passional states of the physiognomy may be resolved into a number of simple movements.
And, just as he produces simple passional expressions by artificial means, so, too, he effects the synthesis of the complex expressions. Attention, which is produced by the contraction of the frontal muscle, and Joy, which is due to the conjoint activity of the great zygomatic and the inferior orbicular, are primary expressions. Whenever we determine simultaneously on one face the contraction of these two muscles, we get the physiognomy of a person who has a lively impression of some pleasing and unexpected news. If, together with these muscles, we excite that which serves to express lechery—i. e., the transverse nasal muscle—we get the type of attention directed toward some lascivious object. If we associate the lines indicating pleasure with those denoting pain, we recognize at once the melancholy smile. When we combine the smile (by contracting the great zygomatic) with gentle grief (by contracting the minor zygomatic), or, better still, with a slight contraction of the muscle of suffering—the superciliary—we have an admirable and touching expression of pity and compassion.
These fine physiological dissections, and the masterly syntheses they suggested to M. Duchenne, are nearly in full accord, as concerns their results, with the most ancient observations of empiricism, with the intuitions of painters and sculptors, as also with the teaching of psychologists and moralists. Results of this kind add nothing to our knowledge of the body or of the mind, but they will, perhaps, be of service to artists who desire to be exact in the anatomical reproduction of the passional movements of the physiognomy. No doubt the genius of superior artists is a sure and potent instinct, which leads them to follow rules they know not; and it is probable that neither Raffaelle, nor Correggio, nor Titian, would have been a greater painter, had he known, as modern physicists do, the laws of harmony and the simultaneous contrast of colors. Nevertheless, this sure and potent instinct, the germ of which exists in the élite of the artist-world, may be to some extent acquired by laborious study, and hence the conscientious artist will understand all the advantage to be derived from a science which, by giving him precise and certain directions, will save him much preliminary labor and much fruitless experiment.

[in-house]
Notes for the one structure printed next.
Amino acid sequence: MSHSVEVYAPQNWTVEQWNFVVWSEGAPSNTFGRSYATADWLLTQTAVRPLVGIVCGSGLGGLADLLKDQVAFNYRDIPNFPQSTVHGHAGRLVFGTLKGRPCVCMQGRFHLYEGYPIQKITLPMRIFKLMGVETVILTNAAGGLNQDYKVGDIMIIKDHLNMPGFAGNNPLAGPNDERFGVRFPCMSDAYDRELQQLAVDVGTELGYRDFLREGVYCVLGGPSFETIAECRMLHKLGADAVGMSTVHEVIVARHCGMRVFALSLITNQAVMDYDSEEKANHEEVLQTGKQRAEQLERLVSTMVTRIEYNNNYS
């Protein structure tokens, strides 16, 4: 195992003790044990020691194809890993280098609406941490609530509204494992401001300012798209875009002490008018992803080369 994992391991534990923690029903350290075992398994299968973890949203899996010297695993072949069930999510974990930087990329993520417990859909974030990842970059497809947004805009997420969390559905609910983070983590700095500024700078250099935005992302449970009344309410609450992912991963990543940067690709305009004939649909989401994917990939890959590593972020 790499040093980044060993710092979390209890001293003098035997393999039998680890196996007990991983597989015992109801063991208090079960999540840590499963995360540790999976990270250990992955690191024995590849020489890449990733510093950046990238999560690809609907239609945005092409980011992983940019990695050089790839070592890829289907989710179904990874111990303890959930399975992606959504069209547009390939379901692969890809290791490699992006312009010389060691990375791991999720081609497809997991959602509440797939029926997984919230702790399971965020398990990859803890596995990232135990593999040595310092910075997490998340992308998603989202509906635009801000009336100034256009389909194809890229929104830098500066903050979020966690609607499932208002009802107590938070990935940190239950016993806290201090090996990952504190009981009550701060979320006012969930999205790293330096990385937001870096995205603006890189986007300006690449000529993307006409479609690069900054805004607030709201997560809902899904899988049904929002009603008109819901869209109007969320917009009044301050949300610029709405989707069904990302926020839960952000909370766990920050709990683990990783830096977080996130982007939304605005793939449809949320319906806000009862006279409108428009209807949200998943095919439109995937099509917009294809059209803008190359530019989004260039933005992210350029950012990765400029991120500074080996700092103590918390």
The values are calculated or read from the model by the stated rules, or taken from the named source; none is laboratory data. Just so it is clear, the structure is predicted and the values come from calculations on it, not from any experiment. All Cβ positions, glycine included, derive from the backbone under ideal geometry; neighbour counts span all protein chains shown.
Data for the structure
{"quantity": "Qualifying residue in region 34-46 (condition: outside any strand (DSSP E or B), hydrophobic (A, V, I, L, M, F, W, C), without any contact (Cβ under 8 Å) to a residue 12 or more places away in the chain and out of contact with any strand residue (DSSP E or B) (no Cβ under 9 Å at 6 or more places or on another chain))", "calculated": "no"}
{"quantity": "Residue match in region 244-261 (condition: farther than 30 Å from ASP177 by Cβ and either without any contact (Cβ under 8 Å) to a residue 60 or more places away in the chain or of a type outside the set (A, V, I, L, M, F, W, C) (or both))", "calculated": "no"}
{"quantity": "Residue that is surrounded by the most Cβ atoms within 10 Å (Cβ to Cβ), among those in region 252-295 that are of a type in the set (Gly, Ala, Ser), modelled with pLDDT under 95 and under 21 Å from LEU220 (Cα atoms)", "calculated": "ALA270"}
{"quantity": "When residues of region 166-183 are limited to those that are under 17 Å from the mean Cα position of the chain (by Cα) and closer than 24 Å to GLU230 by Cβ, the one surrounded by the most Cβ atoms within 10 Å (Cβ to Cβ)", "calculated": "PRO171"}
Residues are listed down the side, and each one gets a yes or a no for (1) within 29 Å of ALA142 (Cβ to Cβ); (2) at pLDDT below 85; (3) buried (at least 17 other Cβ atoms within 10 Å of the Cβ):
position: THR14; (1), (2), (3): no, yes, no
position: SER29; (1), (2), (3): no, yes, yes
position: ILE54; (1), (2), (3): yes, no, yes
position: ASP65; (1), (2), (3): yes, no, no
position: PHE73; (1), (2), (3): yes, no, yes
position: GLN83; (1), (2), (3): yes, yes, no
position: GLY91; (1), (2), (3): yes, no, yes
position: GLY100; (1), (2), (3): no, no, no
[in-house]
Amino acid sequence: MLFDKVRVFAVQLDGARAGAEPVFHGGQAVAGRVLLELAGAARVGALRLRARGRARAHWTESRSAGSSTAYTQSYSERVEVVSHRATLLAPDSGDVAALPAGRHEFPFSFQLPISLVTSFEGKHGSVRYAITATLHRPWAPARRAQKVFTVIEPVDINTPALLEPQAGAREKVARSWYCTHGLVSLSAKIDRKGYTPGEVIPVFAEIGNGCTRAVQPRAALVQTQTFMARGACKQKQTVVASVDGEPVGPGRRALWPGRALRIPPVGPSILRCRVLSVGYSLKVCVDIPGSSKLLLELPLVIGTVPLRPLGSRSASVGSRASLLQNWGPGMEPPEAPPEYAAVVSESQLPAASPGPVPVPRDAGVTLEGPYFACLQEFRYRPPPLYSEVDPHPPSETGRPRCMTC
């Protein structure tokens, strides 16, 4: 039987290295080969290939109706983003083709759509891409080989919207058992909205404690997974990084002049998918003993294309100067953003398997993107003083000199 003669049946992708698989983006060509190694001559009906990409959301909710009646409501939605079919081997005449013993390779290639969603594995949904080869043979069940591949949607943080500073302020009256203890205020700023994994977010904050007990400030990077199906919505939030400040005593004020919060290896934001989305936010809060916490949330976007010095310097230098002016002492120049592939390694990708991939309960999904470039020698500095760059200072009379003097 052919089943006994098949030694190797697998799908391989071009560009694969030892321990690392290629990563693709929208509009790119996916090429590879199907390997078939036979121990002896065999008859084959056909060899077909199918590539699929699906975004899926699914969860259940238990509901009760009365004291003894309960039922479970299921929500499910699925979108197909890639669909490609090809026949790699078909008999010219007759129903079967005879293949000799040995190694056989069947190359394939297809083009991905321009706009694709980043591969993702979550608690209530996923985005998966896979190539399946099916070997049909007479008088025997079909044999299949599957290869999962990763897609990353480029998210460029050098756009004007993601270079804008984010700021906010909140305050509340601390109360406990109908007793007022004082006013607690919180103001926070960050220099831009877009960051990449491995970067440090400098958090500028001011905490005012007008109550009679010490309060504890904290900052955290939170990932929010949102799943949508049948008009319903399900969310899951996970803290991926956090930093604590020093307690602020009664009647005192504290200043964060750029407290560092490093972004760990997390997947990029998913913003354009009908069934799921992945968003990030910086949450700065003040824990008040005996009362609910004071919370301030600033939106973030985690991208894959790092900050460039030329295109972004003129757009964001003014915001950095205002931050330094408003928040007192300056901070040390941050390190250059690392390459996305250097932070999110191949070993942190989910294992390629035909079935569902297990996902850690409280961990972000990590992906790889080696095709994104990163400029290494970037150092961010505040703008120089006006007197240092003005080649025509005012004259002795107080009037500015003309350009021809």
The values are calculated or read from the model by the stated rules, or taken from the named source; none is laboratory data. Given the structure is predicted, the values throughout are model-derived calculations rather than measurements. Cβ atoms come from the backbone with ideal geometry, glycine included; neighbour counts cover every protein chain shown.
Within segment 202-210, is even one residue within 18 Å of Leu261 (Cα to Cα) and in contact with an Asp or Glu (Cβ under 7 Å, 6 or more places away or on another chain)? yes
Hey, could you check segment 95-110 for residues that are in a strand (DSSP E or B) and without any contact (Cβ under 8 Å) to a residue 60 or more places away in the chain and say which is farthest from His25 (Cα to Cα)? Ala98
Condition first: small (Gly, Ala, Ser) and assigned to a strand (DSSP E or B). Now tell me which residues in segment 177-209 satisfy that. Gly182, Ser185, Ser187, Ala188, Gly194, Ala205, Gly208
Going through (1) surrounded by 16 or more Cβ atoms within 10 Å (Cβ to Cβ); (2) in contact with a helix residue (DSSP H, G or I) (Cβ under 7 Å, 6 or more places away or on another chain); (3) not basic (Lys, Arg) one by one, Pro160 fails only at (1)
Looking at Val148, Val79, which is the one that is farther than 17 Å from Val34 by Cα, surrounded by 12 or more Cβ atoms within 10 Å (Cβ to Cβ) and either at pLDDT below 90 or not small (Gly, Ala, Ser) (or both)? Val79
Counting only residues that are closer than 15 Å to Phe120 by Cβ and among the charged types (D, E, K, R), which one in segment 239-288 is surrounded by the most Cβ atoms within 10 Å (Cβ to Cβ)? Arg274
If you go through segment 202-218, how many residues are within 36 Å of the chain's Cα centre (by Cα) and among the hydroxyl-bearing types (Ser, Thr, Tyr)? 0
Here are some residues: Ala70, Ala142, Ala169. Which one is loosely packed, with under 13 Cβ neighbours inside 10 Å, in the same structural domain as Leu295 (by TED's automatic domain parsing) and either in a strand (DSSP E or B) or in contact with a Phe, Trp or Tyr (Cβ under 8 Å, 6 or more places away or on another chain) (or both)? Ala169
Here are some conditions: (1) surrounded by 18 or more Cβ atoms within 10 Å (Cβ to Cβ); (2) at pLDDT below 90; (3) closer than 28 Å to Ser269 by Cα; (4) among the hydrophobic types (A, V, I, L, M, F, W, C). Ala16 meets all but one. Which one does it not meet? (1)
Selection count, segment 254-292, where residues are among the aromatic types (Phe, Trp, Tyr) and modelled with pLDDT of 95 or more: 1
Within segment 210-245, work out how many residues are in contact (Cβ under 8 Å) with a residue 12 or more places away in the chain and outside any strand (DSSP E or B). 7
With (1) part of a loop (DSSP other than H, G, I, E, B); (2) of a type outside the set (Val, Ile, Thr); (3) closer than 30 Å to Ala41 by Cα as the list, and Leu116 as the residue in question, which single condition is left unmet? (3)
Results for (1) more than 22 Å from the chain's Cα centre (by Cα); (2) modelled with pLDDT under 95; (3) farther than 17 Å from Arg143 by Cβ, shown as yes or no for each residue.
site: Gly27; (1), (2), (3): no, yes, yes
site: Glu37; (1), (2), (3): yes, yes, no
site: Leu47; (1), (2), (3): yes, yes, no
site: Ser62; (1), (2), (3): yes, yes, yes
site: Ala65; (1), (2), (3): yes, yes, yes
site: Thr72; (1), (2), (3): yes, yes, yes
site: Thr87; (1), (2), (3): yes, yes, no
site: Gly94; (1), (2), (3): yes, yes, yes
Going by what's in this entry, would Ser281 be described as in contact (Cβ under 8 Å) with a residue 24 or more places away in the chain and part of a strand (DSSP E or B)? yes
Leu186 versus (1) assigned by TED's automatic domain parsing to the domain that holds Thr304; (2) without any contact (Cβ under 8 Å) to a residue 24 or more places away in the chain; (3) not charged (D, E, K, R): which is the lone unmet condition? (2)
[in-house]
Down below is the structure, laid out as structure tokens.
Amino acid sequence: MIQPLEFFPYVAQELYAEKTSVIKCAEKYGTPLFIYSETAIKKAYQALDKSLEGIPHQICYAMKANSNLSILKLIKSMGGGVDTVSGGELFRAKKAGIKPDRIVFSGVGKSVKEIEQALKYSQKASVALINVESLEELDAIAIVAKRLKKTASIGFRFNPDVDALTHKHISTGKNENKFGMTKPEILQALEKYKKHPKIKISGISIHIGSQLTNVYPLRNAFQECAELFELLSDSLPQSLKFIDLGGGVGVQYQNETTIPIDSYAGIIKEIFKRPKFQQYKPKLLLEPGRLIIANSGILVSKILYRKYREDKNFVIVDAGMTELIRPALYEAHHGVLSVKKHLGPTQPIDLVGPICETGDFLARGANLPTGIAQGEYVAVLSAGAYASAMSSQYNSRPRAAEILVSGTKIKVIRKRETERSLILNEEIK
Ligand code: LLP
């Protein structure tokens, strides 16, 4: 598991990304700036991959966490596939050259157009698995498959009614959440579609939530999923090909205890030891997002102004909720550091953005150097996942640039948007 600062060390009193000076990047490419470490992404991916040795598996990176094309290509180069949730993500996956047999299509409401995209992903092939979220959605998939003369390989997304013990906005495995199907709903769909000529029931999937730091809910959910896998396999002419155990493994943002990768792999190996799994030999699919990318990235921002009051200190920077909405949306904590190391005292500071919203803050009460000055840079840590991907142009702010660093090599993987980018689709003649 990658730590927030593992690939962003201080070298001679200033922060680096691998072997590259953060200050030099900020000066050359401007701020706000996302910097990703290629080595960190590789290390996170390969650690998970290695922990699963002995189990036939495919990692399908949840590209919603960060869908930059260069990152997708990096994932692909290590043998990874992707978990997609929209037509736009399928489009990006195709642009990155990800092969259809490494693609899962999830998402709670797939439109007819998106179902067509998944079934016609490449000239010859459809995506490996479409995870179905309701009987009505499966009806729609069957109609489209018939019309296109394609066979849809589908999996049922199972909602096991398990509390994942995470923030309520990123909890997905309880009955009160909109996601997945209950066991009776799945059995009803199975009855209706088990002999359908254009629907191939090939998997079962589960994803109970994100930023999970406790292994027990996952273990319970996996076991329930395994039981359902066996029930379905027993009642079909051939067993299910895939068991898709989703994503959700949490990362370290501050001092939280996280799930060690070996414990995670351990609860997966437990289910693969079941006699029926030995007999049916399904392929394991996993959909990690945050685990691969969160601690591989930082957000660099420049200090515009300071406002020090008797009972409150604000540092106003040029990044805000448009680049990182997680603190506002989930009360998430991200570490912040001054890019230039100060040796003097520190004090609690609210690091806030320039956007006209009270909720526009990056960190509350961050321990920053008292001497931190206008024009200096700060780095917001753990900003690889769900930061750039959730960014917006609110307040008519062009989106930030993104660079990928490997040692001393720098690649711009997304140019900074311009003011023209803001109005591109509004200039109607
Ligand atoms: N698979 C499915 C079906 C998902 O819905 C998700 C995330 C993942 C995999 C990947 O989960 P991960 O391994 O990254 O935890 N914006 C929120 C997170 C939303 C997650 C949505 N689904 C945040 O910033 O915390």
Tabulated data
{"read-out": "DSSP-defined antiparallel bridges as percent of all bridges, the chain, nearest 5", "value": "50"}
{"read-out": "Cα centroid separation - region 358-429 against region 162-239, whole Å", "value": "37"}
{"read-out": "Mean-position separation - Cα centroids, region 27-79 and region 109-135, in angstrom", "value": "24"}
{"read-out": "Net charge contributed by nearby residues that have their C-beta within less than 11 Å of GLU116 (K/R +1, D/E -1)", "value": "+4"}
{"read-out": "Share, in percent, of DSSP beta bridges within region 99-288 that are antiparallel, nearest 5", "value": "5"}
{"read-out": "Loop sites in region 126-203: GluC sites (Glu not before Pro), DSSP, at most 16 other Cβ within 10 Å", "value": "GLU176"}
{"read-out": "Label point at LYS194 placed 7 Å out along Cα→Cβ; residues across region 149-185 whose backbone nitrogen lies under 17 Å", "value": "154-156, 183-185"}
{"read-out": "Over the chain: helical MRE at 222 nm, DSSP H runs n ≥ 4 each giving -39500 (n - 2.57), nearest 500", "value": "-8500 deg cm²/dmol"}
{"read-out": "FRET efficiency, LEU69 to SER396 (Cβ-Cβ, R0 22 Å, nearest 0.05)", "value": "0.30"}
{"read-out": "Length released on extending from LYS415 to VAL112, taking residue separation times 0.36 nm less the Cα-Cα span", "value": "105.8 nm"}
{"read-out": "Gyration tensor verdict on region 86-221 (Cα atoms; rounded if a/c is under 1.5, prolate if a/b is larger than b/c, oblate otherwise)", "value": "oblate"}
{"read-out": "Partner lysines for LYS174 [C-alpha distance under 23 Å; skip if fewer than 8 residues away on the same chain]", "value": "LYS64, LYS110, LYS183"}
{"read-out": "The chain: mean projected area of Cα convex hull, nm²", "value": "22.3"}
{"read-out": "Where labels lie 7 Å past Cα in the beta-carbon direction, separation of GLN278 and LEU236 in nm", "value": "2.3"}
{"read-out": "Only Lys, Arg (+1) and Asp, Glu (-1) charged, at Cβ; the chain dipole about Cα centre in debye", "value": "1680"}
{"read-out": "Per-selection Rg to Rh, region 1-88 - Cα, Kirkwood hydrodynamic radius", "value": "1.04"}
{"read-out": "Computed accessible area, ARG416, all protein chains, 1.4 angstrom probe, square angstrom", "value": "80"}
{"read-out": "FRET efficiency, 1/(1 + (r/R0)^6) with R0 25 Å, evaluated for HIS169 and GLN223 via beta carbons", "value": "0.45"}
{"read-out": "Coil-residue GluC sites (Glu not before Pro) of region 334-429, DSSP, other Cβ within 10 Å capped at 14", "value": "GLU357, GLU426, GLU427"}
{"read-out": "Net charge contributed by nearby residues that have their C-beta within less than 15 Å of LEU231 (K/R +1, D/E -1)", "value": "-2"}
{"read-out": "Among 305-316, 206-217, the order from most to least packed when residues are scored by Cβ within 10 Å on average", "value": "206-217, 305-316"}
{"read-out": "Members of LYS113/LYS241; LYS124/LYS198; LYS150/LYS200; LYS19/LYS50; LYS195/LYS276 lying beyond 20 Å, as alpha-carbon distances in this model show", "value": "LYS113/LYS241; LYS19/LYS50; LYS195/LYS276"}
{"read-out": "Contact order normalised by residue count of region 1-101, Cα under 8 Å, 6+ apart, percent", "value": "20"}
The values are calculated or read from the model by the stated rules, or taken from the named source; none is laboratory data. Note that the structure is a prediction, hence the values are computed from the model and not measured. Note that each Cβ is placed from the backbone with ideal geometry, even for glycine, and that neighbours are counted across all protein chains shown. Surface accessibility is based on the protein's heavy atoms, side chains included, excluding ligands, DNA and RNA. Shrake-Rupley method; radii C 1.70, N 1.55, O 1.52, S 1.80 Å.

Why is one special muscle of the face affected by pain, another by fear, and a third by anger? In short, why is every passion interpreted in the physiognomy by regular, determinate movements, just as the rhythm of the heart is modified? To give the question a more general form, is there a logical relation between gesture and emotion? This is a difficult question, recently put by Mr. Darwin, and which he strives to answer in accordance with his usual doctrines. For him, instincts are habits originally acquired purposely, voluntarily, and afterward fixed in the race by heredity. The instinctive movements of the physiognomy, considered as passional ex-